Return of the prefabs

Return of the prefabs

Featured Article
21 Nov 2018

As featured in Glass Times Magazine - 2016

John Spiby, national sales manager for domestic products at Pilkington United Kingdom Ltd, part of the NSG Group, discusses off-site housing as a solution to the housing shortage, and how it will bring opportunities to the glass and glazing industry. 

In an effort to combat the housing shortage in the UK, the government is planning new measures to encourage the construction of more than 100,000 off-site homes. That is, homes constructed in a factory, pre-assembled with heating, wiring and plumbing, transported to the development’s address-to-be and pieced together on site.

While 100,000 homes may only be a tenth of the government’s target to build one million by 2020, it presents significant opportunities for the glass and glazing industry, considering the current build rate of homes sits at 170,000 a year in the UK. If we were to build a further 100,000 properties this would require in the region of 1.75 million sealed units, creating a multi-million-pound opportunity for the industry.

The speed at which these homes can be built, and the economies of scale that can be achieved offer no surprises as to why this is seen as a solution to the housing shortage. Aside from the government, which believes off-site construction provides a huge opportunity to increase housing supply; off-site homes are receiving praise from TV property experts like Kevin McCloud and George Clarke for their affordability too.

Déjà vu

For some, the return of the prefabs may seem as though history is repeating itself. After the Second World War, Winston Churchill saw prefabricated homes as the solution to the UK’s housing shortage and winched 150,000 homes into place across the country. 

However, 21st century prefabs are a far-cry from that of their lower-quality ancestors. The new generation of off-site homes, even dubbed by some as ‘prefabulous’, are reported as spacious, modern, comfortable and eco-friendly. These of course, are building attributes that can be supported by high-performance glazing. 

Another contrast to post-war prefabs is that they are now being built to last, whereas previously they were only intended as a temporary housing solution. Furthermore, advancements in technology and fabrication have created more opportunities for high-performance glazing to be specified in prefabricated buildings.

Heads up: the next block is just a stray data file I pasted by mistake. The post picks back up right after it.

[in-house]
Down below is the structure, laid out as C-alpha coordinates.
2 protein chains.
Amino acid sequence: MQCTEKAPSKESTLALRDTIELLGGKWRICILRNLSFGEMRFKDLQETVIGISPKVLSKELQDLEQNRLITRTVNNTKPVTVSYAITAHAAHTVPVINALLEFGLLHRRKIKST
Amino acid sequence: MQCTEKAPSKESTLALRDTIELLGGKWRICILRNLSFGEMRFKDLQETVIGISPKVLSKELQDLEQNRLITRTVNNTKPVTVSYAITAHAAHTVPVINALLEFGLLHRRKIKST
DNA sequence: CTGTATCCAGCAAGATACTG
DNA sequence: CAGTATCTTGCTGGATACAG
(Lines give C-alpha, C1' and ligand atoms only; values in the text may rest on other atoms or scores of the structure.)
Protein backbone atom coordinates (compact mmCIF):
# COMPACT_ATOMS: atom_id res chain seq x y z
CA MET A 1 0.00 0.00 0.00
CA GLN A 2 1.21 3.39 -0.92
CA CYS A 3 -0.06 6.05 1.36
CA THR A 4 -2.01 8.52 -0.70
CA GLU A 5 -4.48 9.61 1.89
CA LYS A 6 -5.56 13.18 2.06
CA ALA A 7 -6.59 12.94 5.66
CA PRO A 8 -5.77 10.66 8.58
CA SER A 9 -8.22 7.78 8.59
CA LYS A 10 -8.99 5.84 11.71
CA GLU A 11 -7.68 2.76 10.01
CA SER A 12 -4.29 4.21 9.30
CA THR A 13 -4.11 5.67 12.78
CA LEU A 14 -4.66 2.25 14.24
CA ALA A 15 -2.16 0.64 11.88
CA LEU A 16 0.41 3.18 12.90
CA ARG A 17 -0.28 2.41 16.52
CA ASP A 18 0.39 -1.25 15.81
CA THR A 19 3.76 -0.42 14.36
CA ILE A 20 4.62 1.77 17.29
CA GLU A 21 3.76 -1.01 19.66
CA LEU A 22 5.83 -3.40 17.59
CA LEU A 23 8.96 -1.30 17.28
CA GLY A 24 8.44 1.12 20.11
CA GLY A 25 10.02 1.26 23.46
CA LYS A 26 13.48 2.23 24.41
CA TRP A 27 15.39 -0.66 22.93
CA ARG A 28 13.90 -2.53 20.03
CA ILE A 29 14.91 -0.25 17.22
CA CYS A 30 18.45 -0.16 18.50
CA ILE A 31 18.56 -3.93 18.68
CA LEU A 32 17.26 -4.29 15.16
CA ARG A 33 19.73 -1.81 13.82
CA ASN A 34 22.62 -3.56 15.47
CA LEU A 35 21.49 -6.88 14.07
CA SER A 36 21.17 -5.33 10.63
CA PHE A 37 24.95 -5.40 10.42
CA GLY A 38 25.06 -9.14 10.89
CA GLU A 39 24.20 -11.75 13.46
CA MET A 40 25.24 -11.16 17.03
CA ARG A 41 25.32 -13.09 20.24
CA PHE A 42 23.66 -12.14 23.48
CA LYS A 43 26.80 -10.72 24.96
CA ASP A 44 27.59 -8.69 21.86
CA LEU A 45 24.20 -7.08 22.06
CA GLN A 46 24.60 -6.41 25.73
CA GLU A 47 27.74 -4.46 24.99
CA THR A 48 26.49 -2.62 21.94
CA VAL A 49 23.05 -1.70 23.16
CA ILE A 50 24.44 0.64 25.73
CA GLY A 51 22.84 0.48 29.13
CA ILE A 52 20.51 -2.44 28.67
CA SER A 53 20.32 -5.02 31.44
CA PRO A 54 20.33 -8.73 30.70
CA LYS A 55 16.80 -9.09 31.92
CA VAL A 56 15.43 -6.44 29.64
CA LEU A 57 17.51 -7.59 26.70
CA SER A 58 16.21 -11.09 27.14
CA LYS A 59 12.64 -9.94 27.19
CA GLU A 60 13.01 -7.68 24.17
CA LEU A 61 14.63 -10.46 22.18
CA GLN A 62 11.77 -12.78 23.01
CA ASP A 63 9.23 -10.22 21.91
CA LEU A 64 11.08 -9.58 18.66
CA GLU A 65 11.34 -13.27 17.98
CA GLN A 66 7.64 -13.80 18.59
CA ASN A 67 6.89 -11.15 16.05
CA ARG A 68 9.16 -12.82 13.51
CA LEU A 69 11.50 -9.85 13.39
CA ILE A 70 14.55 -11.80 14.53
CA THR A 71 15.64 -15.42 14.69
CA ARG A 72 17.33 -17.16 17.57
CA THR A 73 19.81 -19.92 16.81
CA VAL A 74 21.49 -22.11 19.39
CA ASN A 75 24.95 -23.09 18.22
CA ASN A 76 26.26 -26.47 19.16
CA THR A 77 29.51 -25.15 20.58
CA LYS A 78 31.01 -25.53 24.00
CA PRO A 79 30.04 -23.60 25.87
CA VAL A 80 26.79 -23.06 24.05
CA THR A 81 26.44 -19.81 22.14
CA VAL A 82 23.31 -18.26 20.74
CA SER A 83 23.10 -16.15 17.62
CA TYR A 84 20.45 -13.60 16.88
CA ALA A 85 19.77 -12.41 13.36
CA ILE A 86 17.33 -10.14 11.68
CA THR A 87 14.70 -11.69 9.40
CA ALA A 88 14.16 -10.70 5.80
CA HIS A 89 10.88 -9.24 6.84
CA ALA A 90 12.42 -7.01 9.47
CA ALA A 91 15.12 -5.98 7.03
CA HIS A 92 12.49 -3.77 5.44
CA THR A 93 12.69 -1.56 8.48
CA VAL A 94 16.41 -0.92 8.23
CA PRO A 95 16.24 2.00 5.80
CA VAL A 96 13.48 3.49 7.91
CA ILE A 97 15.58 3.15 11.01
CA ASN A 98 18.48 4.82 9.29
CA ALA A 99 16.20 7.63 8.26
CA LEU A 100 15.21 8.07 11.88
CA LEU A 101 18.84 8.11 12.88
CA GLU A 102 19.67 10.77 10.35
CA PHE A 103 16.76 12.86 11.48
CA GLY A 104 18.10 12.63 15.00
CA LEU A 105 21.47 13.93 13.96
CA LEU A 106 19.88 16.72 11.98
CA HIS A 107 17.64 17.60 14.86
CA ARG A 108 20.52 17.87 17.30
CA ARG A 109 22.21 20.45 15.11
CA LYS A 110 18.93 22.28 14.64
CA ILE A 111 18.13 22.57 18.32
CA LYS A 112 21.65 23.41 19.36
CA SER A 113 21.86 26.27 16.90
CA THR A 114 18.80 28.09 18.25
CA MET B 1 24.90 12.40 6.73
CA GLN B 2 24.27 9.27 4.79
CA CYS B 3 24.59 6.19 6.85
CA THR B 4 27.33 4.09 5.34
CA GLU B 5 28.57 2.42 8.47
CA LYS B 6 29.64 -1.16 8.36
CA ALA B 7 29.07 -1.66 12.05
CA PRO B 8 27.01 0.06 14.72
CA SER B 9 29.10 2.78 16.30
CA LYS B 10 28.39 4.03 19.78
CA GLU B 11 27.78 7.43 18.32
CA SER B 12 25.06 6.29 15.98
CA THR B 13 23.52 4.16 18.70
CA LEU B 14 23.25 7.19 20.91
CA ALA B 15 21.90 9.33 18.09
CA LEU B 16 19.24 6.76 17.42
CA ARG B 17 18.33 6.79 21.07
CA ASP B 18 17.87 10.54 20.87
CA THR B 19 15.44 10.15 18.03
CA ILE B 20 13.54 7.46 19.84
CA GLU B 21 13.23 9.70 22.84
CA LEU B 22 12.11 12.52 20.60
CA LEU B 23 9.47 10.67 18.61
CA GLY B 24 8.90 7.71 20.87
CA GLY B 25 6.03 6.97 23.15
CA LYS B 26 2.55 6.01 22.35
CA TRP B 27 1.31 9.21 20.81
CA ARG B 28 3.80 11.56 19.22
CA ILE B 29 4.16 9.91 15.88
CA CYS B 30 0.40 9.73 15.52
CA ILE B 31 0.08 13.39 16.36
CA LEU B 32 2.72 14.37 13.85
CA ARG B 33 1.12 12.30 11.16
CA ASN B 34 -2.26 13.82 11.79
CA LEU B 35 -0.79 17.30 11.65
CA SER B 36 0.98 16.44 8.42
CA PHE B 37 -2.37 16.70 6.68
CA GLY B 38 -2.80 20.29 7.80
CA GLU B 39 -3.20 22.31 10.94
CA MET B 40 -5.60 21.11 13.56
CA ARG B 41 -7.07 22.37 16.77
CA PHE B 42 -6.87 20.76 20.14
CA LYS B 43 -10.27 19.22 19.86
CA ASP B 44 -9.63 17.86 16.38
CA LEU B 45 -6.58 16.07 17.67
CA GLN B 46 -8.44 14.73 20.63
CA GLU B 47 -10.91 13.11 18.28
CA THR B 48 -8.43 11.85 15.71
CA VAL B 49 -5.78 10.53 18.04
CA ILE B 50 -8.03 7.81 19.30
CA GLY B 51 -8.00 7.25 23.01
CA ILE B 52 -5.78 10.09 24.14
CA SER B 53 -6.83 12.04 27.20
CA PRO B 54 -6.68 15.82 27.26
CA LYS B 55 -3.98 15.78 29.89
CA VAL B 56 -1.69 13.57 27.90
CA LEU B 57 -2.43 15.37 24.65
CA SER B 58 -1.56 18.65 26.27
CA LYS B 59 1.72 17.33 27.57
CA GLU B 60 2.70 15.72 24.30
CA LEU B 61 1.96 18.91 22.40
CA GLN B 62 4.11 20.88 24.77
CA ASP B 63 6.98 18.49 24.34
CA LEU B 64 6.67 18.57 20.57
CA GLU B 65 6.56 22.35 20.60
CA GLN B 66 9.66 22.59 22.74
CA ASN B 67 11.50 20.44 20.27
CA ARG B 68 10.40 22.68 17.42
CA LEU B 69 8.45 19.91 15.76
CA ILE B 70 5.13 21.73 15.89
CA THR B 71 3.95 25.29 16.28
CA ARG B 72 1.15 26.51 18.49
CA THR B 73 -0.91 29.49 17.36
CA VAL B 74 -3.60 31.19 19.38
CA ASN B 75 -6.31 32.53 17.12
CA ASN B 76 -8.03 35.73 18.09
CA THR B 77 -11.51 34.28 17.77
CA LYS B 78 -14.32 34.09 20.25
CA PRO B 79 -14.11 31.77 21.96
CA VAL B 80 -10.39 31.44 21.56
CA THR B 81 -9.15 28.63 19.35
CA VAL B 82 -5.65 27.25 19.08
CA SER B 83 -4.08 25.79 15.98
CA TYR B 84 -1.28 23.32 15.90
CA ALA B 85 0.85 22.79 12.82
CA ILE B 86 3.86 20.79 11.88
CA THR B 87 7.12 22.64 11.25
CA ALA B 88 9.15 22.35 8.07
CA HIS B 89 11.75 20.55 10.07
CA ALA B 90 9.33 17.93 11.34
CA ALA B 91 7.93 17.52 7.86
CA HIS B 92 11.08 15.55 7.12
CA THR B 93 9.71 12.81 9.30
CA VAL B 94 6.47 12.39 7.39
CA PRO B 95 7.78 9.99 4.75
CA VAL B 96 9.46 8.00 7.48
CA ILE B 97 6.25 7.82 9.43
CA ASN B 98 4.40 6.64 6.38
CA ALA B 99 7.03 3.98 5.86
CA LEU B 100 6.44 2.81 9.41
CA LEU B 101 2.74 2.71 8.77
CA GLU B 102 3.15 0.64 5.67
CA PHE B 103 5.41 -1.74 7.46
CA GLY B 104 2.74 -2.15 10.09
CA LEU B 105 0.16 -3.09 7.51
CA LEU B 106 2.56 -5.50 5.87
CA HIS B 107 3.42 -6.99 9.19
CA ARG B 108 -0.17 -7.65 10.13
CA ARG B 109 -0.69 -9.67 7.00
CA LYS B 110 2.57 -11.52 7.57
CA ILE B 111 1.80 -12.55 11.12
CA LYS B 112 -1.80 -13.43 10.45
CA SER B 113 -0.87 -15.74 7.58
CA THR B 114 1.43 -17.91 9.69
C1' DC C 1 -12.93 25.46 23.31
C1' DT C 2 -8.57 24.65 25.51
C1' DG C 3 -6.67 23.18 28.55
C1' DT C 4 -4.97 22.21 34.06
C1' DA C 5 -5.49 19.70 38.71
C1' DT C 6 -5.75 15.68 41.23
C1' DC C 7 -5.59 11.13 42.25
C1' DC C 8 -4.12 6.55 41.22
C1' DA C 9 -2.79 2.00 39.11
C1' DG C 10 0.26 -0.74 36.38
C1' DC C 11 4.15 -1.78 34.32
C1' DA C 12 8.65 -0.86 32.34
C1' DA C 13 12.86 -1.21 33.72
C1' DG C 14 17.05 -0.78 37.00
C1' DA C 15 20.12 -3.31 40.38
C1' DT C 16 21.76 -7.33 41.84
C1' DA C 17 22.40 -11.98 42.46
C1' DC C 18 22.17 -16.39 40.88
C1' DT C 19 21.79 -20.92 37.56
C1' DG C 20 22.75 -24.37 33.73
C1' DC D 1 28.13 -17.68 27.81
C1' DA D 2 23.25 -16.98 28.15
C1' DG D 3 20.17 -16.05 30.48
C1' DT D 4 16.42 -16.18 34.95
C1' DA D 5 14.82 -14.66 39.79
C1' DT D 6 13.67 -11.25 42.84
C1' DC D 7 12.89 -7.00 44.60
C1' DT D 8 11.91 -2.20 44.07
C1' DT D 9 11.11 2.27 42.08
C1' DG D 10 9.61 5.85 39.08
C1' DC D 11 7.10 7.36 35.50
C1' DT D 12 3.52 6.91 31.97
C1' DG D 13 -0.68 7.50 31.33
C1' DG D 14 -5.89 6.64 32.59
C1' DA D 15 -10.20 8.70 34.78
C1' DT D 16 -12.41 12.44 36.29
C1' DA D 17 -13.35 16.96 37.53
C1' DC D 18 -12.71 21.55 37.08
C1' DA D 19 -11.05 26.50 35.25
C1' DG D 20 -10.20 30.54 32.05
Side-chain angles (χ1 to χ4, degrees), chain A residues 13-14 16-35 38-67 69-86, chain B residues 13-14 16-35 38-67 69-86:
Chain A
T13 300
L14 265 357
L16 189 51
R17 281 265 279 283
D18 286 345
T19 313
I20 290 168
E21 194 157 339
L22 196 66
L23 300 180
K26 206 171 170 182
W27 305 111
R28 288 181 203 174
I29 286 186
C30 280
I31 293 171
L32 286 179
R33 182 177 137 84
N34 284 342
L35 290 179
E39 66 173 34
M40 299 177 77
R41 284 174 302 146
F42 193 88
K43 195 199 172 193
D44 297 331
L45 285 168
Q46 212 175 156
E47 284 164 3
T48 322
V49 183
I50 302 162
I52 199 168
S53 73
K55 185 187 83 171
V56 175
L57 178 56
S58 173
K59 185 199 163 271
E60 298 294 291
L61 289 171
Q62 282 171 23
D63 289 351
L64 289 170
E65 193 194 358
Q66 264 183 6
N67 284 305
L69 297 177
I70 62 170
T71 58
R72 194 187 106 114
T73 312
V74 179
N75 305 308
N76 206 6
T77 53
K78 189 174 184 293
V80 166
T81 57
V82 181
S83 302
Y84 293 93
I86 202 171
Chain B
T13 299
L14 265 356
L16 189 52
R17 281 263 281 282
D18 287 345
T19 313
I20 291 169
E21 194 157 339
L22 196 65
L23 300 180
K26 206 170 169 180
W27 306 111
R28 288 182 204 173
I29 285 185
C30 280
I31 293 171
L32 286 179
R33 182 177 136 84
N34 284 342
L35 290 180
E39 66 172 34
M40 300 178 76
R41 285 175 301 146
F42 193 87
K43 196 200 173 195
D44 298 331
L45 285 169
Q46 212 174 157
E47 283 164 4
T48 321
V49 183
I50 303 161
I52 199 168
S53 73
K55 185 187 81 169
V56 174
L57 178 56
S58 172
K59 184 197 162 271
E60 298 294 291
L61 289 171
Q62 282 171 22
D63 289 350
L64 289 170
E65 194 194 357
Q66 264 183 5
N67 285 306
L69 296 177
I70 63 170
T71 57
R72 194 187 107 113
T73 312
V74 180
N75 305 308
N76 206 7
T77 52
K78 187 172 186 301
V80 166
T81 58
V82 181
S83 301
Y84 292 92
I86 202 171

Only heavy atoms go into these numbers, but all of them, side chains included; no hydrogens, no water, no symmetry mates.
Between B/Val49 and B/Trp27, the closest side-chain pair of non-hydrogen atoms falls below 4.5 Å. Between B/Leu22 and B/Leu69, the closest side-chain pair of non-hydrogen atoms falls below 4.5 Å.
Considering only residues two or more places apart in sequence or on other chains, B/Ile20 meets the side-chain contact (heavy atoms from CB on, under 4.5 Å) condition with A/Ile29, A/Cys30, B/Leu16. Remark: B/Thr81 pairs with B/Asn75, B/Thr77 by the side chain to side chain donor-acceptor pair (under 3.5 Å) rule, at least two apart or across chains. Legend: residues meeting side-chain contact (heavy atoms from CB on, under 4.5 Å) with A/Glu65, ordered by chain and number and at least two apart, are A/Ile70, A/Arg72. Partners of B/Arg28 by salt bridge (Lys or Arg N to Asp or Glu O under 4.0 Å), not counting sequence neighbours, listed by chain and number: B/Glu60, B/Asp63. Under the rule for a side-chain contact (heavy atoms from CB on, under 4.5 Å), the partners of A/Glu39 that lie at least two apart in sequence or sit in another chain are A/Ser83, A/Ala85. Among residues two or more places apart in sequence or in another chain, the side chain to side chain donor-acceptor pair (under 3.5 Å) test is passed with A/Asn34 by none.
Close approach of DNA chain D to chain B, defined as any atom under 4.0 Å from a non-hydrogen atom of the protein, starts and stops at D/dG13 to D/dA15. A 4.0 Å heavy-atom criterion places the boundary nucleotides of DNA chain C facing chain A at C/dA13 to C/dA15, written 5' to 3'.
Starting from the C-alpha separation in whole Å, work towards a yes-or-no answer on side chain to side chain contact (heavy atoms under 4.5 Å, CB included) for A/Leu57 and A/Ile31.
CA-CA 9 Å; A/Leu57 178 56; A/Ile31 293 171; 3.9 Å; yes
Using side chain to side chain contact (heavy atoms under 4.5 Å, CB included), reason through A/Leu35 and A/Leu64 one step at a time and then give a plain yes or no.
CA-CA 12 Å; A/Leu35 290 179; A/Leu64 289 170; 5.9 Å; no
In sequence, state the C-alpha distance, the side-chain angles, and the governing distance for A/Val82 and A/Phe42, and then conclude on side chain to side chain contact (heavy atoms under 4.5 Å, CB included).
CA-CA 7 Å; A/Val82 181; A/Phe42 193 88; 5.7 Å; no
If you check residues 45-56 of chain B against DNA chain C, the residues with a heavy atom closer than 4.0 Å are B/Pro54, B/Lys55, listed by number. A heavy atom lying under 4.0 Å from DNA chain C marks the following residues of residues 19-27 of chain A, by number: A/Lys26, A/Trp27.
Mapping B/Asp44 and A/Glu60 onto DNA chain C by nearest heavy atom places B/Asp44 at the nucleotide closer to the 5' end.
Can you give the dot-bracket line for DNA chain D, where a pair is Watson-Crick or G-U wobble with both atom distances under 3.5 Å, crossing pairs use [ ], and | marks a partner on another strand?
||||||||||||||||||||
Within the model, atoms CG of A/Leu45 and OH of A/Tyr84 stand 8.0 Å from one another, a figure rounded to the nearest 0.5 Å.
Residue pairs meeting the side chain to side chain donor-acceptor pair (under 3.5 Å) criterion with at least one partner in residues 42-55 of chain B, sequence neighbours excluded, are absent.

Working with specifiers

Glass and glazing suppliers need to work with specifiers of off-site homes to ensure that the environment of the home’s end location is fully considered when sourcing materials. A rail line near a development, for example, could be missed as a source for noise pollution when constructing the home in a factory miles away, and so solutions like noise control glazing could be overlooked.

Similarly, if the house is positioned facing the sun for a long period of the day, solar control glass could help minimise solar heat gain and control glare, especially if a glass façade or feature wall is installed. Likewise, this could also be overlooked if a mass production approach is taken.

A large talking point of today’s prefabs is that they are eco-friendly and energy-efficient. Supplying advanced energy-efficient IGUs, such as Pilkington energiKare™ or Pilkington energiKare™ Advantage, can help prefab builders and specifiers achieve this, and reduce the energy costs to prospective residents.  

Vote of confidence

As for the possibilities of off-site construction, overseas developments are showing that the sky’s the limit. Last month saw the opening of the world’s tallest modular building in Brooklyn. Coming in at 32 storeys, the rental apartment block has a height just short of London’s St Pauls Cathedral. 

Prefabs aren’t just limited to homes and apartments either, with entire schools, hospital extensions and office blocks now being constructed in factories and assembled on site. 

The government’s support for off-site homes stands as a vote of confidence in what is already an area of construction receiving a lot of interest in the UK. Over the next few years we’re bound to see more prefabs, be they two story townhouses or tower blocks, rolling off production lines across the country. The glass and glazing trade needs to work together with specifiers in the sector to take advantage of the sectors growth potential.